When is the best time to promote a product?

    Consumer purchase behavior captured in GfK’s weekly Point of sales Tracking for tech and durables tells the story of what to promote and when it during the peak season sales weeks:
    •  Black Friday/Cyber Monday: Consumer Electronics (CE) are the star. Big-ticket items such as TVs soar in Brazil, Spain and Italy. Audio devices contribute strongly to the uplift in categories such as Small Domestic Appliances (SDA). Consumers are increasingly seeking out premium segment purchases, with a focus on entertainment categories including PTV and Audio. Overall, attractive discounts are the trigger to save the most Euros in absolute terms.

    •  Christmas: SDAs, Photo and IT product categories reveal the highest momentum. Printers, hairstyling tools and coffee machines are key movers in the final weeks of the year. The real gifting season peaks now. Smaller ticket items sell well, with a focus on traditional shops rather than online retail. Products to place as gifts under the tree are key.

       

    •  Post-Christmas: Here we see a shift back to CE, namely audio devices. Also, SDAs are more in demand this season. Price promotions pick up again and a more normal mix of assortment is in demand. E.g. Major Domestic Appliances see relative strong demand compared to the Christmas weeks. SDA and CE categories maintain their seasonal strength. 

    How do you protect sales margins?

    Looking at the level of discounts granted, the pressure on margins can be massive. But not playing along is not an option at all – consumer expectations for seasonal promotions become stronger every year and is a major trigger driving demand. The only option to secure peak season sales performance is to listen to consumer needs and behaviors to look out for opportunities. We break it down to three main takeaways: 1. Less complexity: This is the new consumer mantra. According to our latest FutureBuy study, 62% of global tech and durables shoppers complain about too much choice. This hampers decision-making. Instead, we recommend promoting fewer hero products that deliver performance and simplification.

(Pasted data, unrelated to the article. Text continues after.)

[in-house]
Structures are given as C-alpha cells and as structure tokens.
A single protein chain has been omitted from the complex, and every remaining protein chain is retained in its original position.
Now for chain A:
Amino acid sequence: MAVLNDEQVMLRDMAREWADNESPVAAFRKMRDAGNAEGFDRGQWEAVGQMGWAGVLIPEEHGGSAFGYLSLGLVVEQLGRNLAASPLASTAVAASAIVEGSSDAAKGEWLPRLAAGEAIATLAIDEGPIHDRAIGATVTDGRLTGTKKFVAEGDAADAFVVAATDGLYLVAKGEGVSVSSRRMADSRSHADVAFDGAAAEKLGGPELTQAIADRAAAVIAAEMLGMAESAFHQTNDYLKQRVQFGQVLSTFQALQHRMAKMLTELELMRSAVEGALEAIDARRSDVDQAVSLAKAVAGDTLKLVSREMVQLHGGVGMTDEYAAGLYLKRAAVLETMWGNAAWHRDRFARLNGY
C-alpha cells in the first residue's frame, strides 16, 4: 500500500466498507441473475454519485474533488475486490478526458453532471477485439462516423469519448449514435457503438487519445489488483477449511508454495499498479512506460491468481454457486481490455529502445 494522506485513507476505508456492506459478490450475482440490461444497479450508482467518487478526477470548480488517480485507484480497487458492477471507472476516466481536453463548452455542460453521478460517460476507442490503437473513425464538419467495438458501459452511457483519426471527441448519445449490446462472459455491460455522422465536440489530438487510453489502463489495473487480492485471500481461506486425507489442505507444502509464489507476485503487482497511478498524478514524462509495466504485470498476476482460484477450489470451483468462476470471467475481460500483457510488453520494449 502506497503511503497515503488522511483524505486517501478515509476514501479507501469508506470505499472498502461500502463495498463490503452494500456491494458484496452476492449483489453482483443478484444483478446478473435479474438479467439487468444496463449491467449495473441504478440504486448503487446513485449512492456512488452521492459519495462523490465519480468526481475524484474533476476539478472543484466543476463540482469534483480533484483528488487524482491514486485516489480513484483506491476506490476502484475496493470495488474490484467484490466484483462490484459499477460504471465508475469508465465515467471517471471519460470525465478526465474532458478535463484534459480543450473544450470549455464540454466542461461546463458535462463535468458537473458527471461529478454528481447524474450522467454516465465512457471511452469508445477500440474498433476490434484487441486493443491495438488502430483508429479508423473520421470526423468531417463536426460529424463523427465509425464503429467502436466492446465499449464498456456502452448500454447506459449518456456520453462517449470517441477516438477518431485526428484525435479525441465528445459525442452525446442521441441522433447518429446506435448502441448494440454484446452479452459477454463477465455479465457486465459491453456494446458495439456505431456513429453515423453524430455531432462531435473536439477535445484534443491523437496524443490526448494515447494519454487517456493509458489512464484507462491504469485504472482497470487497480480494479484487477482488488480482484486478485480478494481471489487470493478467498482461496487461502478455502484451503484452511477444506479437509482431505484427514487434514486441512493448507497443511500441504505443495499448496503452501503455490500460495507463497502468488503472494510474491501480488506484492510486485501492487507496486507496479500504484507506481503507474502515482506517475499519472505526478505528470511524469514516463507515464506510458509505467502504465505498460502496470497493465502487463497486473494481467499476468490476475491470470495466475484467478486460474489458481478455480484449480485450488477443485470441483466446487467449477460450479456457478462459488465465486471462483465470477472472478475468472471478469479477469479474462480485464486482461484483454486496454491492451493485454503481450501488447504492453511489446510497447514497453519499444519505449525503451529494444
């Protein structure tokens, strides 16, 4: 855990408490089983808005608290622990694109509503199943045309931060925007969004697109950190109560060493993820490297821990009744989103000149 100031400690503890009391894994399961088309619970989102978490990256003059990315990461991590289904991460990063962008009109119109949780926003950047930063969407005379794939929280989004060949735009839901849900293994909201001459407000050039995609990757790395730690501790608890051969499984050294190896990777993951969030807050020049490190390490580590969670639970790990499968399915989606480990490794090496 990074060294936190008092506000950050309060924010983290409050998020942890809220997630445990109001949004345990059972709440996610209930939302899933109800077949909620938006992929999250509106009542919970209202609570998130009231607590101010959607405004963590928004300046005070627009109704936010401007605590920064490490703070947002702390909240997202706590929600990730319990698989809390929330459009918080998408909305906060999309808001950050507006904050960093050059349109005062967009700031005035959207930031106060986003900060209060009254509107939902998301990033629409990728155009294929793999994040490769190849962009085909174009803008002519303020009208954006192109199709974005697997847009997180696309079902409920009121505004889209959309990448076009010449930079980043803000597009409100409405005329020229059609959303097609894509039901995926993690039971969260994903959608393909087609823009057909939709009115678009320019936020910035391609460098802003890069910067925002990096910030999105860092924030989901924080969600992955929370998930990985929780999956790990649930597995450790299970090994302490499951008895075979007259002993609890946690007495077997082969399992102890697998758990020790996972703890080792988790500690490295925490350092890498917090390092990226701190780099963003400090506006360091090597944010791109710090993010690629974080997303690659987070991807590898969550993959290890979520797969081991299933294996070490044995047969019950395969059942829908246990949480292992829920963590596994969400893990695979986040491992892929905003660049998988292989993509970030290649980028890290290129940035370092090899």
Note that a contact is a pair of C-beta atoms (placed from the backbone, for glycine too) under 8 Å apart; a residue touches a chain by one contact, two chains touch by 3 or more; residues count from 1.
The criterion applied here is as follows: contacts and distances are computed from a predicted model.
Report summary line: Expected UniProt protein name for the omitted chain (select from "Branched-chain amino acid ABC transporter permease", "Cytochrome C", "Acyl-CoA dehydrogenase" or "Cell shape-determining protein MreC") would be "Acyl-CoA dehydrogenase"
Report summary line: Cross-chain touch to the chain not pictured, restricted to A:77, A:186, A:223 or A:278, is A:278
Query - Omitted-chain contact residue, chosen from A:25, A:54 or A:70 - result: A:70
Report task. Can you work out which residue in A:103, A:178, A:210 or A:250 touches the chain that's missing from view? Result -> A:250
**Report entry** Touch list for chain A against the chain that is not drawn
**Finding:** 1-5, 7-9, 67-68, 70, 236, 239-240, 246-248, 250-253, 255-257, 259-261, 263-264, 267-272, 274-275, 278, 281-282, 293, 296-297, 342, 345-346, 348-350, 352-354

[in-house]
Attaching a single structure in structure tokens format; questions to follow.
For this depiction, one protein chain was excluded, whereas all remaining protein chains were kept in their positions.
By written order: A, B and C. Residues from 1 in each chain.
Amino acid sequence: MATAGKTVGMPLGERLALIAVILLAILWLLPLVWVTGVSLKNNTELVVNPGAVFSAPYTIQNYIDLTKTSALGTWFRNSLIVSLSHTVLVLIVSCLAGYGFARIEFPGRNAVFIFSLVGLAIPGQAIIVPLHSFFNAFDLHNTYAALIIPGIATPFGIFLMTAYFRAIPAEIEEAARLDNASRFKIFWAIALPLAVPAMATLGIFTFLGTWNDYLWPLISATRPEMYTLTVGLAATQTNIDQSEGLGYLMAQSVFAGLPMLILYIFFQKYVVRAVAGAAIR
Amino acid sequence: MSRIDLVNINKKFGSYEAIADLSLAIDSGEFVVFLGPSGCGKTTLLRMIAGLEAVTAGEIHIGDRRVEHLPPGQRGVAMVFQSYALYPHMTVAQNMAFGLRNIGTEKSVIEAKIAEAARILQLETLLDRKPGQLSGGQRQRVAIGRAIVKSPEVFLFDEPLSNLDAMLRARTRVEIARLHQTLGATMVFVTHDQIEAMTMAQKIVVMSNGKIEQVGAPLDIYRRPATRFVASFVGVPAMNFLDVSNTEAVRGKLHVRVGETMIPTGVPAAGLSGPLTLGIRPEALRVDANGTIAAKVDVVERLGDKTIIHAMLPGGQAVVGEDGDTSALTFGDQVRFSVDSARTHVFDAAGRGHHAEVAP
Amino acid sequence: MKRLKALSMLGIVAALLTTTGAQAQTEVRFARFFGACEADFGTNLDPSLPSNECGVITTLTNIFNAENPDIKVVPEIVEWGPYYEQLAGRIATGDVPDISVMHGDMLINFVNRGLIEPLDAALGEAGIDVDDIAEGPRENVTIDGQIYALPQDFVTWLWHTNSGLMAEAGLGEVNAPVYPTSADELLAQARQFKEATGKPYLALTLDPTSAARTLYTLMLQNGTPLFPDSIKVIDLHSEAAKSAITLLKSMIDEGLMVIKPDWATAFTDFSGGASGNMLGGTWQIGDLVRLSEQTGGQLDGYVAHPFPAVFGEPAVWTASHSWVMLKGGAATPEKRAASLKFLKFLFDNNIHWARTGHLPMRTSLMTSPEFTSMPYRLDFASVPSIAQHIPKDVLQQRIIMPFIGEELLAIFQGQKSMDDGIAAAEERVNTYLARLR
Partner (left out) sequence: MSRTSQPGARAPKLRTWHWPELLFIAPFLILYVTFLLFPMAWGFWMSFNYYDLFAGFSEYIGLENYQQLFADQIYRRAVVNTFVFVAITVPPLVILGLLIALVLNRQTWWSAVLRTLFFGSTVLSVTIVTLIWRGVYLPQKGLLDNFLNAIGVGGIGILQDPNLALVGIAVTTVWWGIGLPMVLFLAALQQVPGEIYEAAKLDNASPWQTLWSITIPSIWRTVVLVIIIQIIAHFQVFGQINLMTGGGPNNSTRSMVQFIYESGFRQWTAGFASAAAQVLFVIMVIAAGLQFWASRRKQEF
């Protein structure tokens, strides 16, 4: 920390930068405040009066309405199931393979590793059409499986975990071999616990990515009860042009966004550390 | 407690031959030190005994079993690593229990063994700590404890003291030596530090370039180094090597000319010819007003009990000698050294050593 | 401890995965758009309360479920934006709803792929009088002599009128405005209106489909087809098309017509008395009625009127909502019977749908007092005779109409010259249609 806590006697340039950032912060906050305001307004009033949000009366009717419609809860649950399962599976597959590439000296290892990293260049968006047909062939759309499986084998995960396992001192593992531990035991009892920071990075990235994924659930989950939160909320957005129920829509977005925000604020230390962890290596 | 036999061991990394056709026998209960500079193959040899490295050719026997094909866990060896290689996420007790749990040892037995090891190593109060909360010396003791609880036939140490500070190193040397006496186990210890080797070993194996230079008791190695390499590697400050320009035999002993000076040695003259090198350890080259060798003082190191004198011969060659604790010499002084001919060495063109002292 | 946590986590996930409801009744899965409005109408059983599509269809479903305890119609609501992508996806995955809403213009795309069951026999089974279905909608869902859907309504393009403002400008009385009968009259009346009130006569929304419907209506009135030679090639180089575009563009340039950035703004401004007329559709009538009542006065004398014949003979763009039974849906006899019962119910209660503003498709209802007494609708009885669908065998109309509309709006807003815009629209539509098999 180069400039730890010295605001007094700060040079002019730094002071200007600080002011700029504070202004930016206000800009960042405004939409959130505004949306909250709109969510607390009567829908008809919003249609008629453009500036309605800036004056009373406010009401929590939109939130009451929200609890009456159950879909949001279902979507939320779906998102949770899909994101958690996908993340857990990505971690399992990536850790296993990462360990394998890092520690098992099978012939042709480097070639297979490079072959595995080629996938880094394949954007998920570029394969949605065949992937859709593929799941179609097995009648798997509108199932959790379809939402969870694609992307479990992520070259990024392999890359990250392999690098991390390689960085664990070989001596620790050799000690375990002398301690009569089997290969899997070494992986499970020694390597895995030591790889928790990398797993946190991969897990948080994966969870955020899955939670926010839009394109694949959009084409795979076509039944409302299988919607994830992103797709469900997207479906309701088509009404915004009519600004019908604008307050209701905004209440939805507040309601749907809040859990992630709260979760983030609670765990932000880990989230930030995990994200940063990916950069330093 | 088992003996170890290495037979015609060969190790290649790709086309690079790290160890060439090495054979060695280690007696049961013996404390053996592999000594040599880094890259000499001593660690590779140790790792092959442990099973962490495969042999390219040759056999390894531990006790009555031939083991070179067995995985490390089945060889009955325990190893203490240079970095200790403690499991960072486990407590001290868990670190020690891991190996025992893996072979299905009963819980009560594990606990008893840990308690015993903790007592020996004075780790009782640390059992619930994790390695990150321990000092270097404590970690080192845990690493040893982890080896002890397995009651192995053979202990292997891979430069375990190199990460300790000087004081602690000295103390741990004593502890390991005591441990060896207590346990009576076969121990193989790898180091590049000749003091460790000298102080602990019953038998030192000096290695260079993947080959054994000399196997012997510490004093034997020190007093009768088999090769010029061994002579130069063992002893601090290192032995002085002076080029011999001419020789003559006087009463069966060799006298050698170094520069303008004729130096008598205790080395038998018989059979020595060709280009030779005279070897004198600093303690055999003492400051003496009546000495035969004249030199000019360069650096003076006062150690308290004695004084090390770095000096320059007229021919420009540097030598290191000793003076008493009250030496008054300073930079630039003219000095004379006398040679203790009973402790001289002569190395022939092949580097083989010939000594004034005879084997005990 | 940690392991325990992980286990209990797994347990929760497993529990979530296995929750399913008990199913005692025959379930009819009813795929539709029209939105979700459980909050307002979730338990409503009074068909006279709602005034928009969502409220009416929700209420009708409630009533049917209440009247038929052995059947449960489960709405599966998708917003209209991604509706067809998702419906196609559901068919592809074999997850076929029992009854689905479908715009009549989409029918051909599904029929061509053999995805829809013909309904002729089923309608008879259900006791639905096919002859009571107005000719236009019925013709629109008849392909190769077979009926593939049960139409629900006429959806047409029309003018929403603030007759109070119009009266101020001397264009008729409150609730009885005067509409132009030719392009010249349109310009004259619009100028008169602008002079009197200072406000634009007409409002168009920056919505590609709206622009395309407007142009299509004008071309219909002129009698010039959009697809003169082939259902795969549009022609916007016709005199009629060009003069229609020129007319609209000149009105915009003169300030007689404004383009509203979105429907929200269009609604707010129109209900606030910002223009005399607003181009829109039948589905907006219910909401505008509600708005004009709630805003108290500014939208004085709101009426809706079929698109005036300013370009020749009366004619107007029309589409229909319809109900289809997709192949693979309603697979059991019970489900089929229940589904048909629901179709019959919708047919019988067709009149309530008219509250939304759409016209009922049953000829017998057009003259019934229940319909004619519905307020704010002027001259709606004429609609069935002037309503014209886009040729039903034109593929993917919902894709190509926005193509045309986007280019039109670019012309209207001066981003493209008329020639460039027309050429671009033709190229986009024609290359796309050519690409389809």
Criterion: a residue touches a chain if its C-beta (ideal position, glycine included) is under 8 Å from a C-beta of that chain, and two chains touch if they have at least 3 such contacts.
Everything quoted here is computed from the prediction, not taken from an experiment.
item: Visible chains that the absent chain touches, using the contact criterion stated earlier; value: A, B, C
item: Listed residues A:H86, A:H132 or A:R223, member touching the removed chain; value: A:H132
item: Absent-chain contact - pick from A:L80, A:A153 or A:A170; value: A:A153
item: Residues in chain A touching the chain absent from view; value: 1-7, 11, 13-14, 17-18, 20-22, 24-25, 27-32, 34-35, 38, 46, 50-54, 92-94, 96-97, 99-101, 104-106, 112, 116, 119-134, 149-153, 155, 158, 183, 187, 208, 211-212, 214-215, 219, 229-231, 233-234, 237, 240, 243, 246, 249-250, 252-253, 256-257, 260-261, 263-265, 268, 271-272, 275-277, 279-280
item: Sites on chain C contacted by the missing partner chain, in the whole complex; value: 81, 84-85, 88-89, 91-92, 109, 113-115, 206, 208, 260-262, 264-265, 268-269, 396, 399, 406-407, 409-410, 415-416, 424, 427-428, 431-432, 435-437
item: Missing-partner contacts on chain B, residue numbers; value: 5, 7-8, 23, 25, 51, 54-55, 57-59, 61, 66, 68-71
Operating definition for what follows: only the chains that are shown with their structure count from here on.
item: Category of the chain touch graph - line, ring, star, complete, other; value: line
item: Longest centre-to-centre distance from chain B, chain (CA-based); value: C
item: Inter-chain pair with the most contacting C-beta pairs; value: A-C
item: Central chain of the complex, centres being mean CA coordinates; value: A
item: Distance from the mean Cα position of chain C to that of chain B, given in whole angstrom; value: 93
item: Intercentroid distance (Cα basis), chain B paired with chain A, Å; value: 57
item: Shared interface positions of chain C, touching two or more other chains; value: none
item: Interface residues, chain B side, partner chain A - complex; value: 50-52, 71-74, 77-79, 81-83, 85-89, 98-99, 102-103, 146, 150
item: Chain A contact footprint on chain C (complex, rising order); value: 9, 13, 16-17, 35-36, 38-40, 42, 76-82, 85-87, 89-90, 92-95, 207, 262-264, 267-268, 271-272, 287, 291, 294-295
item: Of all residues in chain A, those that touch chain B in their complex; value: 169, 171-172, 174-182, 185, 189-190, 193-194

2. Clear communication: Alerted by media reports questioning the validity of seasonal promotion deals in previous years, consumers are increasingly skeptical about sales, discounts and promotions. It’s important that they are assured that price drops are genuine and that they see Black Friday and other seasonal price drops as offering a real benefit to them.

    3. Premiumization: Owning fewer but higher quality products is a clear and significant trend, especially during Black Friday week. Offering product segments one or two levels above the standard segments yields revenue potential, despite discounts to be granted. That’s why in 2019, average prices rose to a new peak compared to 2018 – at more than 40% above an average week. We saw this in the success of OLED and >50-inch TVs, and headphones/headsets, where prices rose by more than 50% on average Demand was strong for high-performance notebooks for gaming, and with ultra-thin designs, as well as true wireless in-ear Bluetooth headphones. Similar trading-up patterns were visible in the Telecom and Domestic Appliances markets. Ultimately, this ensures interest and traffic, and supports consumers’ aspirations.

    How will peak season sales look like in 2020?

    The year-end peak sales season has undergone a major shift over the past years with Black Friday dominating the promotional calendar as the game-changer. As this trend grows, markets have become more predictable as sales dynamics repeat themselves. Different sub-seasonal focus areas have established themselves in most European countries, as well as in markets such as Brazil. Knowing the details on a country and product level will support profitable decision making for the peak season sales in 2020.
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Arturo Valdez
Mexico 
+52 55 4160 3905